Mark Foley, Kevin McCarty re-emerge for Romney’s Forum Club speech

Monday, March 8th, 2010 by George Bennett

WEST PALM BEACH — Former U.S. Rep. Mark Foley and former GOP activist and bond underwriter Kevin McCarty are making their first post-scandal Forum Club appearances at today’s sold-out luncheon speech by Mitt Romney.

Foley, once a Forum Club regular, hasn’t been back since he resigned in a 2006 Internet sex scandal.

“People have been begging me to come back to the Forum Club,” Foley said as he worked the Kravis Center ballroom before the lunch.

McCarty was released in January after serving eight months in federal prison for failing to report wife Mary McCarty’s honest services fraud as a Palm Beach County commissioner. She’s serving a three-and-a-half-year sentence. Kevin McCarty declined to comment.

Mark Foley, on Facebook, weighs in on Democratic Sen. Max Baucus

Monday, December 28th, 2009 by George Bennett

There’s a spirited debate on the Internet over whether Senate Finance Committee Chairman Max Baucus, D-Mont., was drunk when he turned in this rambling performance during the recent health care reform debate. Baucus was also in the news recently after it was revealed he had nominated his live-in girlfriend and former staffer for a U.S. attorney’s position in Montana.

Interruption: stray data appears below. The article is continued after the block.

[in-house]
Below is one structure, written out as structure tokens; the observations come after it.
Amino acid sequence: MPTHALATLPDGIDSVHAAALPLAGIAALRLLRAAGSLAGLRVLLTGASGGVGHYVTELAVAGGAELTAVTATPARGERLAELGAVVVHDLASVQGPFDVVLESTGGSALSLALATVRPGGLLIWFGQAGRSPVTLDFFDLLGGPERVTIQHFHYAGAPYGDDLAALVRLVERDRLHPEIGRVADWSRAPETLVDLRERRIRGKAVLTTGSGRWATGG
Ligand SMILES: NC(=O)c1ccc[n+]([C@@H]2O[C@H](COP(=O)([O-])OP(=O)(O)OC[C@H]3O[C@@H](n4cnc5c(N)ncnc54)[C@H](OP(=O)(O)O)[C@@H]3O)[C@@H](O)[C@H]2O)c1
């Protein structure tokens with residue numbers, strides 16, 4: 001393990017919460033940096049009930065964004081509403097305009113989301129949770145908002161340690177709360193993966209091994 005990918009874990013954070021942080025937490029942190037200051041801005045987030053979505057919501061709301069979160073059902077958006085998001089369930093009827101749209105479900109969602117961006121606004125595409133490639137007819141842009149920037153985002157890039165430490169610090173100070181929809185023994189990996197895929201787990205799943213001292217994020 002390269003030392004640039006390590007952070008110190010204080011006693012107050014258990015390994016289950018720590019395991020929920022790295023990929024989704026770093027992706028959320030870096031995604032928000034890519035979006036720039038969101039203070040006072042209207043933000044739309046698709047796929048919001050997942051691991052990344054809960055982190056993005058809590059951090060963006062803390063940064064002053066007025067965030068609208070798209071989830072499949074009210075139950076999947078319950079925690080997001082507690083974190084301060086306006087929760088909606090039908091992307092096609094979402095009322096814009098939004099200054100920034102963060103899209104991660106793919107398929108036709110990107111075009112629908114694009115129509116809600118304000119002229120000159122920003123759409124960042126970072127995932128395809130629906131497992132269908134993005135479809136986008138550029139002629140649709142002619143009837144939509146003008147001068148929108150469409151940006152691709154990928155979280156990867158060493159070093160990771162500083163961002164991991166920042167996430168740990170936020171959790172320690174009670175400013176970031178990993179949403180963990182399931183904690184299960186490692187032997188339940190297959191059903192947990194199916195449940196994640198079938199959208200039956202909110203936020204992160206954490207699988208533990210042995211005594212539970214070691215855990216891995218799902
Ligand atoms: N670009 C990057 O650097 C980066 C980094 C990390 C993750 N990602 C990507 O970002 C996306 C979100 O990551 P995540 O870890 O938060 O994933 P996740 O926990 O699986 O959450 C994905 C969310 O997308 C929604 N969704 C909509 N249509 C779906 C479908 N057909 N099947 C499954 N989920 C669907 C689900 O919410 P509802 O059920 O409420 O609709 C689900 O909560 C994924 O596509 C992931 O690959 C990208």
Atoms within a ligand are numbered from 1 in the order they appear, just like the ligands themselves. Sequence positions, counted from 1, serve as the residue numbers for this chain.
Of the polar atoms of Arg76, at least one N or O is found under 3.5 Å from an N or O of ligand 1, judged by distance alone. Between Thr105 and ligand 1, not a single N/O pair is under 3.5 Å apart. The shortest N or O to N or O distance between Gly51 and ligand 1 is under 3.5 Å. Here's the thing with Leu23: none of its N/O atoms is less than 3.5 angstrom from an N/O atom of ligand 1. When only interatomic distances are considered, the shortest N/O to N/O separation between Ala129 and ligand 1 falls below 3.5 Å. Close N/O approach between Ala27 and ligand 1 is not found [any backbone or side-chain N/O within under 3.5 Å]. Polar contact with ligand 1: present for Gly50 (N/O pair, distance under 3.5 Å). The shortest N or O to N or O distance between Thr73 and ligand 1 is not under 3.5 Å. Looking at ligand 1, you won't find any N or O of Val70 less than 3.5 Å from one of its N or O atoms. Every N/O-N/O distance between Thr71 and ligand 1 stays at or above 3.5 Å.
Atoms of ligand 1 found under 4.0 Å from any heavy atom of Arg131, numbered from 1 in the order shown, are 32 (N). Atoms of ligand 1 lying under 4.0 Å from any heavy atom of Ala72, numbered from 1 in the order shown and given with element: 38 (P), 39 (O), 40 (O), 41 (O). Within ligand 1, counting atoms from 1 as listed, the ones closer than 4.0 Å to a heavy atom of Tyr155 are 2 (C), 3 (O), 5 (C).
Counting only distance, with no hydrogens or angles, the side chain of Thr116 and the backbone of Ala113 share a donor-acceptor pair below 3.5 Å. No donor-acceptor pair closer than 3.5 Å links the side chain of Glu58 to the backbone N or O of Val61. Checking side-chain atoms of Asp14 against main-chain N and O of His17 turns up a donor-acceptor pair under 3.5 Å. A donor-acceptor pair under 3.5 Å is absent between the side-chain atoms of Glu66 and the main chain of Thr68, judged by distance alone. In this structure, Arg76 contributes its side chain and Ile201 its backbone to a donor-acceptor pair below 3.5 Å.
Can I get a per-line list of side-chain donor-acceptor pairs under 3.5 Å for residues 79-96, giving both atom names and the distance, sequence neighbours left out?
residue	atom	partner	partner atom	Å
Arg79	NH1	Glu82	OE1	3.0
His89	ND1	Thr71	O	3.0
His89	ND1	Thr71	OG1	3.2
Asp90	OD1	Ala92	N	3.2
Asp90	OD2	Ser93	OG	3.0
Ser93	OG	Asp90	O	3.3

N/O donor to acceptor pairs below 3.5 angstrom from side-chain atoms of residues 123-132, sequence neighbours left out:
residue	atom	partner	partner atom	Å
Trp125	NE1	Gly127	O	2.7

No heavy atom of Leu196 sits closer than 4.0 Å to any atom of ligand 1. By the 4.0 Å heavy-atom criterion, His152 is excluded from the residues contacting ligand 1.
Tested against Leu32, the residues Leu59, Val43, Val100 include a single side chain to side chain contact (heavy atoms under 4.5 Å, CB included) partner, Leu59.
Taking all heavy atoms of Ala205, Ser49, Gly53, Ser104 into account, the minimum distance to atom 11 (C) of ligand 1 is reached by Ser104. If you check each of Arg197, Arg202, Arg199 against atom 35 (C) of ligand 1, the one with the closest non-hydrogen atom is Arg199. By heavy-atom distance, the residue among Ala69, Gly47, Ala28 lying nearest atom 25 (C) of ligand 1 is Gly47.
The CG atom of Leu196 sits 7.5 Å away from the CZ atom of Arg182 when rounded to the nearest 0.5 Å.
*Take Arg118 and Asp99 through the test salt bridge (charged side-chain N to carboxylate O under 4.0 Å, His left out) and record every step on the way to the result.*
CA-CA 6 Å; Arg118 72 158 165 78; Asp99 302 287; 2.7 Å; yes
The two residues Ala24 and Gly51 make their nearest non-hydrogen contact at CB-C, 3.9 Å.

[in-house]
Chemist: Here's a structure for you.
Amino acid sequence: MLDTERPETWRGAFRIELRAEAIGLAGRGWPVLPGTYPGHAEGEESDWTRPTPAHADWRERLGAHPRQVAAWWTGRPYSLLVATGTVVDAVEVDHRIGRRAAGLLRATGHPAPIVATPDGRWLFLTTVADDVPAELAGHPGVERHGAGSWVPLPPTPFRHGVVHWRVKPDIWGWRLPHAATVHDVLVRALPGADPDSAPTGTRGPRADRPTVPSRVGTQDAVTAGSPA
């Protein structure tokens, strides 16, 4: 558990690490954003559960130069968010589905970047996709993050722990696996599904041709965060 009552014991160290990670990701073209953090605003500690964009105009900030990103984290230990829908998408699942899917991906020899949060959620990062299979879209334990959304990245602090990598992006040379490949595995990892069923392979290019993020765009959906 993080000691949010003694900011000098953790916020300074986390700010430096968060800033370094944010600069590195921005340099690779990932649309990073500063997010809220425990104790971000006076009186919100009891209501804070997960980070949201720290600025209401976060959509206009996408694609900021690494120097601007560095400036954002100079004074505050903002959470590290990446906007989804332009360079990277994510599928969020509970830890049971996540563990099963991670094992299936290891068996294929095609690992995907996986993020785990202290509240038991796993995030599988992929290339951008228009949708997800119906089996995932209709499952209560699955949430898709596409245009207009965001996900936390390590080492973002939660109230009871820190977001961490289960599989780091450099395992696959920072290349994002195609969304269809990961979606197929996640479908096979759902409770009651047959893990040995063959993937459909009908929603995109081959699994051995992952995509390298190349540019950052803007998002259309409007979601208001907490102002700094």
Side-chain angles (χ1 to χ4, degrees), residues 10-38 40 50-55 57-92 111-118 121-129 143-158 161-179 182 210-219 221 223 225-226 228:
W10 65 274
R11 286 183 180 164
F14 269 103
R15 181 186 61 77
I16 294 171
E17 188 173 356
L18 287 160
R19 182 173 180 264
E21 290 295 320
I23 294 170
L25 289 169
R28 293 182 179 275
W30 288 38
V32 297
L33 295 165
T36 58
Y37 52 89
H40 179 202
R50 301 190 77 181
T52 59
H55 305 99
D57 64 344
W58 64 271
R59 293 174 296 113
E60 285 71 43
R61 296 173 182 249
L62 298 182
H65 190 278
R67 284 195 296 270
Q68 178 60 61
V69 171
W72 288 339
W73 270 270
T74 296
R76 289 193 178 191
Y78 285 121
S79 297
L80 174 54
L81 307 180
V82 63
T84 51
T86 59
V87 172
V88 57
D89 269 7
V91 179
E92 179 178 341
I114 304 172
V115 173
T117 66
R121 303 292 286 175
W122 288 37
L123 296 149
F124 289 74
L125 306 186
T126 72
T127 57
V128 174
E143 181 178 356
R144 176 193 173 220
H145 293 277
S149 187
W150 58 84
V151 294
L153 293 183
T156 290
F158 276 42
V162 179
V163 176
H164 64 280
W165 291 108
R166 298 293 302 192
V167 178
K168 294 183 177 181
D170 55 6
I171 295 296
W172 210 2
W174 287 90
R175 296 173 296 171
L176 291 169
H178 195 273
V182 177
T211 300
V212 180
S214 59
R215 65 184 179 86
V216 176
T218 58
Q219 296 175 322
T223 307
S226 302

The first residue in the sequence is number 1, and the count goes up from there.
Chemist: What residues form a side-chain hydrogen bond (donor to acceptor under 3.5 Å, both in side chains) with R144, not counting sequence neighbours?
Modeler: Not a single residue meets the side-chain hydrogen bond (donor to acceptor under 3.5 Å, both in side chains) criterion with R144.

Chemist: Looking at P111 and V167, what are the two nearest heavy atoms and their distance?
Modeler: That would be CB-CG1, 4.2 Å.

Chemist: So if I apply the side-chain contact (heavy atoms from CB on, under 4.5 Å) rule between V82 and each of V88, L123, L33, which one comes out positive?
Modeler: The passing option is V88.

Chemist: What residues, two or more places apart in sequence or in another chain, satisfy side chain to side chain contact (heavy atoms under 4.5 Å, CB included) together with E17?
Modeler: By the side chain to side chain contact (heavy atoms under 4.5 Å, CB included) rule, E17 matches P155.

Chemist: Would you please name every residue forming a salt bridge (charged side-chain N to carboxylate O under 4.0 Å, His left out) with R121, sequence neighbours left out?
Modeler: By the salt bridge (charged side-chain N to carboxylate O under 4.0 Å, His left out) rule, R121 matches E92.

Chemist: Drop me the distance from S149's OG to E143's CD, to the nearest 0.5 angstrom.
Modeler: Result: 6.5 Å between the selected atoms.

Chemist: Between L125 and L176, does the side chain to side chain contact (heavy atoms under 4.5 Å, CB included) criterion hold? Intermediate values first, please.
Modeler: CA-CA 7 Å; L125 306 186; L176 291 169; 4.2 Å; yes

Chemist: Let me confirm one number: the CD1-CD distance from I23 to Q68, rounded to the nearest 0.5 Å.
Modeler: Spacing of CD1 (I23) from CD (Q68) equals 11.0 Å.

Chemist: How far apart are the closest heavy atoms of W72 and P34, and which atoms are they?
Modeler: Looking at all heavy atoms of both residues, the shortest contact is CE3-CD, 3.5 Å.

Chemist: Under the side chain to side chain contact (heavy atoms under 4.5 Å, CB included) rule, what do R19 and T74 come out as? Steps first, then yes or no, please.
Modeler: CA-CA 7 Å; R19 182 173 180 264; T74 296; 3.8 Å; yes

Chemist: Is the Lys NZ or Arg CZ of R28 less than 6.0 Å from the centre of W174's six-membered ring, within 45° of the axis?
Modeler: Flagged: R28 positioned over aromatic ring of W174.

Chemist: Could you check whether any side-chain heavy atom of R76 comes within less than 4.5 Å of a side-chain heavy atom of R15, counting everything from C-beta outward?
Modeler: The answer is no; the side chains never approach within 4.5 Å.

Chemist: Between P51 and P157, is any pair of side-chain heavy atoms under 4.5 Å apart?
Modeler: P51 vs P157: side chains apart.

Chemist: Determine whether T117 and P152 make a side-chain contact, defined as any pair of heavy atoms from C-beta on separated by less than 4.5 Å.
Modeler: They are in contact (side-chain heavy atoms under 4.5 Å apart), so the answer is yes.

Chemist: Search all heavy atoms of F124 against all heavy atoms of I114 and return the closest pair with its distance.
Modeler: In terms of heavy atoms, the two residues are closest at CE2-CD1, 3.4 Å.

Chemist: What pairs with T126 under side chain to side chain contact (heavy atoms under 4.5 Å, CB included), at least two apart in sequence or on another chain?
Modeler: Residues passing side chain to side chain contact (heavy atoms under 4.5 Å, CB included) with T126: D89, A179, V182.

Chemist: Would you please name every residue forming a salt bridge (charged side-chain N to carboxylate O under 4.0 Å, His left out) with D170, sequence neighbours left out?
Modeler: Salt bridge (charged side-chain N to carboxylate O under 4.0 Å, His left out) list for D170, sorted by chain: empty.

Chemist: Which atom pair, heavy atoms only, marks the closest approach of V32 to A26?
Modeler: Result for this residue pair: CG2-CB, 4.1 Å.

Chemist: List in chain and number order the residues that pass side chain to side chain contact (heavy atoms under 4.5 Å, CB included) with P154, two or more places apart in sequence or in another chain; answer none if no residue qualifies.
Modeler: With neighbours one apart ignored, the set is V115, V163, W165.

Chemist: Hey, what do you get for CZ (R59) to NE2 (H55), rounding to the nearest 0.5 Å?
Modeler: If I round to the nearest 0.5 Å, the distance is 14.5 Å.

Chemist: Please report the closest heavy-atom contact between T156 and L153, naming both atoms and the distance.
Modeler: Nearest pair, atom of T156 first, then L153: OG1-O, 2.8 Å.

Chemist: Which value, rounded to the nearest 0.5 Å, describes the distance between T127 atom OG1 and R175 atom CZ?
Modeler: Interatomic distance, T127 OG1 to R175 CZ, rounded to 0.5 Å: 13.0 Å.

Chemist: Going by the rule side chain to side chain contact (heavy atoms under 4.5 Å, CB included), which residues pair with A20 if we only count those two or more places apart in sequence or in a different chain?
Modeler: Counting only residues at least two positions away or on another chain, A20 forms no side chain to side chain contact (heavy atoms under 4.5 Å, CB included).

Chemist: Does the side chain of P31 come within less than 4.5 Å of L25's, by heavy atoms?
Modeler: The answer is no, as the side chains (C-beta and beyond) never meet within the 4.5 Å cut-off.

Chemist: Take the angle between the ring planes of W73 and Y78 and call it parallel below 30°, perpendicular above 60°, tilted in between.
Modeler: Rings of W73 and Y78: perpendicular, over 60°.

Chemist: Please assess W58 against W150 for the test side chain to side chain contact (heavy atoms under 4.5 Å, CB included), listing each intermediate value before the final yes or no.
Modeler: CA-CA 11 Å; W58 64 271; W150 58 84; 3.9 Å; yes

Former Republican U.S. Rep. Mark Foley, who resigned in a 2006 scandal over sexually charged Internet messages to former congressional pages, links to the Baucus video on his Facebook page and says: “This is the senator that hired his staffer and then took her on trips…and divorced his wife….and they had me run out of town.”

Wexler bows out with $977,616 in campaign account

Friday, October 16th, 2009 by George Bennett

Wexler

Wexler

If he ever decides to reenter politics, departing U.S. Rep. Robert Wexler, D-Boca Raton, has $977,616 in left-over money in his campaign account, according to a report filed Thursday night.

Wexler announced this week he’s resigning in the middle of his seventh term to head a Middle East-focused nonprofit. A special election will fill his seat.

Wexler chief of staff and consultant Eric Johnson said his boss hasn’t decided what to do with the money, but is likely to keep a chunk of it in an open campaign account.

While state campaign accounts must be liquidated within 90 days of the end of a campaign, there’s no such requirement for federal accounts. Former U.S. Rep. Mark Foley, for instance, still has nearly $1.2 million in his campaign account more than three years after he resigned. Candidates are not allowed to divert campaign money for personal use.